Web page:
It’s not really about who is better at it either. It’s about effective checks and balances. Dishonest people create dishonest markets just as dishonest people create dishonest governments. The hopes of a democratic society is that the morals of the voter would vote in honest politicians that counter act any dishonesties of the free market. That, frankly speaking, is not always the case. It is, however, a better alternative to letting markets run wild. But I am also willing to acknowledge the fact that the current US government (nor the one in my home land of Ireland) are very honest governments at the moment.

        In my experience: If dishonestly and immorality is allowed to continue unregulated it becomes the standard. And because we have so much to take in on a daily basis several of those — sometime severe — dishonesties get lost in the daily rituals.


  2. One of the most important things I heard from Bob Lefevre (Orange County Freedom School) was . . . “Walter, don’t expect capitalism to be perfect; it’s just the best that man can do.” I think that can be applied to the concept of perfect information too. Like absolute truth, it just isn’t available. But you can conjecture on what is the best-you-can-get sort of information. One best-you-can-get is a cadre of brilliant minds. Another is —and it may be just be a matter of faith for us– what people express within a free market operation.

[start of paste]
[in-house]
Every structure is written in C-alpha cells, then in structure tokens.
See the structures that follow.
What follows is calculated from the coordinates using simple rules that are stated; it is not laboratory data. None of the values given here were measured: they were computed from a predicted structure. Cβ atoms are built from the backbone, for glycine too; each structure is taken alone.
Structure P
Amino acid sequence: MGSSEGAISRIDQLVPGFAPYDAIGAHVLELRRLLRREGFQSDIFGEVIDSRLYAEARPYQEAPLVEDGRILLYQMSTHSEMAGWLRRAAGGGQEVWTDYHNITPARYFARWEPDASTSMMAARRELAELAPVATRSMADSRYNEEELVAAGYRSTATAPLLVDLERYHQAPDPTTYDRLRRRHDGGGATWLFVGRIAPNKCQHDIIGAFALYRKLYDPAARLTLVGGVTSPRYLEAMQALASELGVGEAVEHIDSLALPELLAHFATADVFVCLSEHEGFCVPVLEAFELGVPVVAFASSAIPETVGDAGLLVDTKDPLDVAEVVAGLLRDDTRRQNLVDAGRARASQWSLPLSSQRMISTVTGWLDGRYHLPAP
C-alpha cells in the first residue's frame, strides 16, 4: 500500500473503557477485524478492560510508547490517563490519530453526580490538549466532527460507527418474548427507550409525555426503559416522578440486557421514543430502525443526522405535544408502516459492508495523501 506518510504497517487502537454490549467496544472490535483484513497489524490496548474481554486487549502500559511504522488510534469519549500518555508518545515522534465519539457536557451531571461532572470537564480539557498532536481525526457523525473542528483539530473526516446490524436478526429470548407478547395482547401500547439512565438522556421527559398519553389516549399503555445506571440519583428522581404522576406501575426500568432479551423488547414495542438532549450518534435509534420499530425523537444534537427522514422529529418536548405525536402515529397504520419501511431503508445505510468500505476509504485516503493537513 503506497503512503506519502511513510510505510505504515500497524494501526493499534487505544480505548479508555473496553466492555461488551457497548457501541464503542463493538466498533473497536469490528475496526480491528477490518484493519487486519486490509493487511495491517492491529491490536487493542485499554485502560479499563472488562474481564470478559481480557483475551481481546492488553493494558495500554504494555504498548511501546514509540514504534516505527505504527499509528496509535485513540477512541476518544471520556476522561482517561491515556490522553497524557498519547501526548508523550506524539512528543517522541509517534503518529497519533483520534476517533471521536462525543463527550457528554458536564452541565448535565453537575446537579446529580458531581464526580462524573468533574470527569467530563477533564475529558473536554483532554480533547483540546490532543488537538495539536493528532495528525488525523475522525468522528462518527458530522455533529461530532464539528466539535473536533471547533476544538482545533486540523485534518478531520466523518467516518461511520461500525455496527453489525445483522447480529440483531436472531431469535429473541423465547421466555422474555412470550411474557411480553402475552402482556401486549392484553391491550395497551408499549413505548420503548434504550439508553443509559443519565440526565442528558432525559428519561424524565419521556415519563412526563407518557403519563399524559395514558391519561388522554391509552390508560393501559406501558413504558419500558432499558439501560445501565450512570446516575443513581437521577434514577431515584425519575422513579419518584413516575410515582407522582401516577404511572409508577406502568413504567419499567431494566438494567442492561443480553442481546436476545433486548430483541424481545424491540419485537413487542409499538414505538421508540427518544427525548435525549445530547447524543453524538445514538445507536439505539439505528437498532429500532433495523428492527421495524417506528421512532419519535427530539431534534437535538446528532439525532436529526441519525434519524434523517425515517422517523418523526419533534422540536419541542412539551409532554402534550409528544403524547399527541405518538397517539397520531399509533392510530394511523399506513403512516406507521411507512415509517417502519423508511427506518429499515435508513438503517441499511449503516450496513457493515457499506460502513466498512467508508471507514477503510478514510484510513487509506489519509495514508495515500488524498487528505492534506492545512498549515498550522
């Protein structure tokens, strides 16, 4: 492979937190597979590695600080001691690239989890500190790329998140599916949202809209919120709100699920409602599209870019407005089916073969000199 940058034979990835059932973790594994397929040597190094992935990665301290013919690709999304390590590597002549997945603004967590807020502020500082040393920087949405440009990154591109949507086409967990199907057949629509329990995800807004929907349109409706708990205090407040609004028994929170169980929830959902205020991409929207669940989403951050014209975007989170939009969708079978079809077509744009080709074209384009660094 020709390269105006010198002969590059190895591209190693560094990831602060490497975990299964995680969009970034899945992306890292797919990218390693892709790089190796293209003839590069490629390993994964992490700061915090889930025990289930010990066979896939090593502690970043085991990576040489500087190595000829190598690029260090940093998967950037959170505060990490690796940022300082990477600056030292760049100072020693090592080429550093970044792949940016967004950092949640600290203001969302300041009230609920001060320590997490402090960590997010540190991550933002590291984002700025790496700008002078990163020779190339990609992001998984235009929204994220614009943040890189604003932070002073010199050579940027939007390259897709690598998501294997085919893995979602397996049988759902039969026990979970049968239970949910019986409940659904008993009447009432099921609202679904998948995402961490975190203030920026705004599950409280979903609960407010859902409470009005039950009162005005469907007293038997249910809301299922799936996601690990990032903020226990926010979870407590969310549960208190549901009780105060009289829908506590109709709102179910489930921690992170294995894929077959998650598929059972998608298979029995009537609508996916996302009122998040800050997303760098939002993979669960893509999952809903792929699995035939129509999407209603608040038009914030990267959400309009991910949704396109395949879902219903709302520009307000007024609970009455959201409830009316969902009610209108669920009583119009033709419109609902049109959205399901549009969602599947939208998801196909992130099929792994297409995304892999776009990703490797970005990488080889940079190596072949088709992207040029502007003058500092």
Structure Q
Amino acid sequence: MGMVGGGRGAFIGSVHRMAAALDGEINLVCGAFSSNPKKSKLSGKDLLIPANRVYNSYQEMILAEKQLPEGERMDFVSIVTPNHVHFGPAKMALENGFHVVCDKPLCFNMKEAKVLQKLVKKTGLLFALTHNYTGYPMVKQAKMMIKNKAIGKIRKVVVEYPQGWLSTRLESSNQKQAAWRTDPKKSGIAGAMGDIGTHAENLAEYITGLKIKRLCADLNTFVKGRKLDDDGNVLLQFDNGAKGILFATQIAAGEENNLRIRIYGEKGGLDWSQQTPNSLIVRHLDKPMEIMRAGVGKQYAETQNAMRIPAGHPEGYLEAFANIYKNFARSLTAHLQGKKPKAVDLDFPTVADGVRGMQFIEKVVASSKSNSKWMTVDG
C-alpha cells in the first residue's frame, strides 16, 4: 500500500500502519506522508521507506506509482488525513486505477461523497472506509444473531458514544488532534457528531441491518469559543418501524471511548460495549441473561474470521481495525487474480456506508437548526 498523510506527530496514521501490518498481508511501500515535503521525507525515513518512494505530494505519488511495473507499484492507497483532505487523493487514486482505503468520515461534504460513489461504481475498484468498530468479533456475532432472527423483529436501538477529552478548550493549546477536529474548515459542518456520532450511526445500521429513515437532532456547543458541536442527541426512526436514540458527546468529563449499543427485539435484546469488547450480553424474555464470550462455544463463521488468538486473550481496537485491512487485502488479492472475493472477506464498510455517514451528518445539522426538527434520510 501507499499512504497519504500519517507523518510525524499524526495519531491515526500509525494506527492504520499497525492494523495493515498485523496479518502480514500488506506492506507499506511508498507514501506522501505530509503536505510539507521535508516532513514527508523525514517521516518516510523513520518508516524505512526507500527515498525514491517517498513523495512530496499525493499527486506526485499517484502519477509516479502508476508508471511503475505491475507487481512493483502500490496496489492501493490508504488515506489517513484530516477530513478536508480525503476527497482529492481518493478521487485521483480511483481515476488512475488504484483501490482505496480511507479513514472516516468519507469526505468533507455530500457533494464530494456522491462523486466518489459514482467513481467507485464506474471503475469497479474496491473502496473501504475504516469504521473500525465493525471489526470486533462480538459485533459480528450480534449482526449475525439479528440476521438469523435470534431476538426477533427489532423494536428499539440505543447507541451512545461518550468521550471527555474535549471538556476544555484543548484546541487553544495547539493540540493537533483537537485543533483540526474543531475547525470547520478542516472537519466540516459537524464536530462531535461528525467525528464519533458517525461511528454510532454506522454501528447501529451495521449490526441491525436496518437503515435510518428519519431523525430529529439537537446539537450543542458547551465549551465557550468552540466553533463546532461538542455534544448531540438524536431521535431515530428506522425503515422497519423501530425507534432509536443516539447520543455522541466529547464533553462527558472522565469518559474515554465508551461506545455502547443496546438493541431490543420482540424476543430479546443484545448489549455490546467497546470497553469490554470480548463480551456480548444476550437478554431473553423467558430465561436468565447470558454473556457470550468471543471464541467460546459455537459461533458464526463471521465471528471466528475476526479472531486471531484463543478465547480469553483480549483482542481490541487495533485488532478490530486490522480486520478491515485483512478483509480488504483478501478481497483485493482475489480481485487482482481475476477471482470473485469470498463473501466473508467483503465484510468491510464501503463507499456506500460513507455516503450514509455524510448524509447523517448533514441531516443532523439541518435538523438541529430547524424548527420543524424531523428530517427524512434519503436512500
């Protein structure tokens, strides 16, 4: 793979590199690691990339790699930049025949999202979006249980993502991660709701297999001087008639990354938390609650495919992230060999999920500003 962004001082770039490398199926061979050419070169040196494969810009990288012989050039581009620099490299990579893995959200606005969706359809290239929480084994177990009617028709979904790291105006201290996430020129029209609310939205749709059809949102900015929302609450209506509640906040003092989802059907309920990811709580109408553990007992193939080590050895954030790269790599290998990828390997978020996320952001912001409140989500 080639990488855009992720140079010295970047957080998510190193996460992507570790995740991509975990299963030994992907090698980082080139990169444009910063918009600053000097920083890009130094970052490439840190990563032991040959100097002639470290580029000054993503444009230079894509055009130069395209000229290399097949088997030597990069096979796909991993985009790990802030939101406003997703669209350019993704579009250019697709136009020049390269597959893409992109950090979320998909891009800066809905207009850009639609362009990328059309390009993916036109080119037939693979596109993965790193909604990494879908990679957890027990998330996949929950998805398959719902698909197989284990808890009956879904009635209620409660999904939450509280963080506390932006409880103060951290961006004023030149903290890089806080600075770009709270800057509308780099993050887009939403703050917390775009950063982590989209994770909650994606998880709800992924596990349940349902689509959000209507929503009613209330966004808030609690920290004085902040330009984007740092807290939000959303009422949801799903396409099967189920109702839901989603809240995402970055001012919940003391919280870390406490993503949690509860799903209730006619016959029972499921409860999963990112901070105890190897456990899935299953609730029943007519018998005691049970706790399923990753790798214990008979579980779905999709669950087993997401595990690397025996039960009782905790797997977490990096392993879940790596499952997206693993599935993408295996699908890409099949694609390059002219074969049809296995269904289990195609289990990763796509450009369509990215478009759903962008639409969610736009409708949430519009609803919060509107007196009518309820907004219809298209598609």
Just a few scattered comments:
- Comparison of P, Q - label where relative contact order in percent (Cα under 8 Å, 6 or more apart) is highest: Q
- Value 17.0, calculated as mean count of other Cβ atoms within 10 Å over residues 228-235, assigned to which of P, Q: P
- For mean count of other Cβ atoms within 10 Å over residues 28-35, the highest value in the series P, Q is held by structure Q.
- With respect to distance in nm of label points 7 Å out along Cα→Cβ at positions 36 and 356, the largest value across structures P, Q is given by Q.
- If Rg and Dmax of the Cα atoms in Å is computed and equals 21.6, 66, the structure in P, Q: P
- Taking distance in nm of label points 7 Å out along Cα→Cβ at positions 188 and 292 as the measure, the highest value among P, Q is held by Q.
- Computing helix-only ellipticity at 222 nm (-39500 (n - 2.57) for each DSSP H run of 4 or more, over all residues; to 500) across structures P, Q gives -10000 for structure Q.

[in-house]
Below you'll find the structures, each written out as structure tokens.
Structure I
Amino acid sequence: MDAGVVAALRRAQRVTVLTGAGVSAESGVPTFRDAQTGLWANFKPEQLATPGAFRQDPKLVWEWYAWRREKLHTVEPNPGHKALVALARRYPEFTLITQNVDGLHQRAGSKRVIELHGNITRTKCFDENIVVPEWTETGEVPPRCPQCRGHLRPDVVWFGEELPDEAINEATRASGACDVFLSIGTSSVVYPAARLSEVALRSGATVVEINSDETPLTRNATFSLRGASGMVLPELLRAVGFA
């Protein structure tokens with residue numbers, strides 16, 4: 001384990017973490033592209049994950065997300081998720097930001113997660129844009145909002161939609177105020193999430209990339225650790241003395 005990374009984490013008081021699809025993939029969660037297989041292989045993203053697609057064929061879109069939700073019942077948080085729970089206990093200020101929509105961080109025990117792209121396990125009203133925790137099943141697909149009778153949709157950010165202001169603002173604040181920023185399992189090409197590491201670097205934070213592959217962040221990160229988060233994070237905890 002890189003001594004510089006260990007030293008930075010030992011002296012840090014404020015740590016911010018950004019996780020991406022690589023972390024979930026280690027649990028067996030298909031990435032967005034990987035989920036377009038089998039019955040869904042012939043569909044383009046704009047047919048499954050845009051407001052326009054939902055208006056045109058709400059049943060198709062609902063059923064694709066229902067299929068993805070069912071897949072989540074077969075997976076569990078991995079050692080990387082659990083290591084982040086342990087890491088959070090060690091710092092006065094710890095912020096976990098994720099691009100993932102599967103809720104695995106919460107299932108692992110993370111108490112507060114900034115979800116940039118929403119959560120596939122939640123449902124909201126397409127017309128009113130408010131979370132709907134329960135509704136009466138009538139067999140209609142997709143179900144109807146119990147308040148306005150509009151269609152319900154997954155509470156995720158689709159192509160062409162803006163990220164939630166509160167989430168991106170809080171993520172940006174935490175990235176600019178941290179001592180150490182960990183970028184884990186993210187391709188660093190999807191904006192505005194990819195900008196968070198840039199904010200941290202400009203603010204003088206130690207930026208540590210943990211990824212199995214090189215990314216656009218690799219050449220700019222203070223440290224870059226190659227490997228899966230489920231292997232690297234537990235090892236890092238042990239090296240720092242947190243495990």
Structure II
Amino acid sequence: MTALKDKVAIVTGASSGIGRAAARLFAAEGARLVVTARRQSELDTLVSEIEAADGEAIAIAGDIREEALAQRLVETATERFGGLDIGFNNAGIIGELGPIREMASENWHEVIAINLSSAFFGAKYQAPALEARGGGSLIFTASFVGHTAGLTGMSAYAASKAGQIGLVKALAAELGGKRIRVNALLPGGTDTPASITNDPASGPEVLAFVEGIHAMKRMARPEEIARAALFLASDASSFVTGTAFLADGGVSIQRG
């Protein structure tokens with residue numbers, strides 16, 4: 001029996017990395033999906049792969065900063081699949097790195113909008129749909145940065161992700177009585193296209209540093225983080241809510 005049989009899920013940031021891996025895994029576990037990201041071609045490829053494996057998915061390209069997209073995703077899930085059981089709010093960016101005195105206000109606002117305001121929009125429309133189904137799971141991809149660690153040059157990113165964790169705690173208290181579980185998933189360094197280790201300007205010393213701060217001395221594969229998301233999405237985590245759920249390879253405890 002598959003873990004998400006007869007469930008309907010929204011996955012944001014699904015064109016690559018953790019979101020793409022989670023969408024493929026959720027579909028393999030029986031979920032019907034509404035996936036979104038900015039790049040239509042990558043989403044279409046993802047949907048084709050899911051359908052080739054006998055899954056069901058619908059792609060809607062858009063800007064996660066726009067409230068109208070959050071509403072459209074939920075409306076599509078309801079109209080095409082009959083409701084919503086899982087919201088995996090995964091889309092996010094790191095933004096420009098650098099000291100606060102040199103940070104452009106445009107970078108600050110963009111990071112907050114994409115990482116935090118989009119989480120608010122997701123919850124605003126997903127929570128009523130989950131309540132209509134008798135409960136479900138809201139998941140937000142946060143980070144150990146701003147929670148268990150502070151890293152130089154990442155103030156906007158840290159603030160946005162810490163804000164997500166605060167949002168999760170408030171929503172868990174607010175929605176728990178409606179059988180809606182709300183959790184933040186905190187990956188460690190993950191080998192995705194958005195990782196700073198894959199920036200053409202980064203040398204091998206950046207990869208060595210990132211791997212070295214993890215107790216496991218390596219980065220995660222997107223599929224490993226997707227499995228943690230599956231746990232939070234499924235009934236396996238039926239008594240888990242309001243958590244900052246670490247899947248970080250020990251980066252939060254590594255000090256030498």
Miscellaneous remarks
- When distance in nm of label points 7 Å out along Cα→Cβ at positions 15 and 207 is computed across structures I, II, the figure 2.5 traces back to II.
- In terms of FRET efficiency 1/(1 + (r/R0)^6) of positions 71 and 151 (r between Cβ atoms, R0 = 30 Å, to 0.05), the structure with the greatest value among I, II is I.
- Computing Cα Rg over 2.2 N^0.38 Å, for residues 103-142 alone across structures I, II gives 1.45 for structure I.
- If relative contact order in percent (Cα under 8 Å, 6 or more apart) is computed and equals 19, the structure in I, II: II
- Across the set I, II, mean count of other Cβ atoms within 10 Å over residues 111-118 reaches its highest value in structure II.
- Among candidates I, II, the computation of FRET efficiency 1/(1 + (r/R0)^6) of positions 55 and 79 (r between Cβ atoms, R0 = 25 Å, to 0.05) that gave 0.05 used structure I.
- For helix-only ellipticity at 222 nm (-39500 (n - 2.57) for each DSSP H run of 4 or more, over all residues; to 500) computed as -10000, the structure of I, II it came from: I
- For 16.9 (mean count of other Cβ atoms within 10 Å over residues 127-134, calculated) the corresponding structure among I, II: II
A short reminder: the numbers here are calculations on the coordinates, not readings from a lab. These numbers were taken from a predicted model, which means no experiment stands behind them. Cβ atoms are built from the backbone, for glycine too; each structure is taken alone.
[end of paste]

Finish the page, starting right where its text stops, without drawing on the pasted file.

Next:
That is, there may be a cadre of brilliant minds that may disapprove of how expensive Disneyland has become with respect to what society devotes to parks or libraries. I for one find Disneyland outrageously expensive and would probably agree with the cadre of brilliant minds. But since perfect isn’t available, the idea of striving for it, is kind of sophomoric; what counts is what a free people bids up the price of admission to Disneyland to be. To hell with perfect.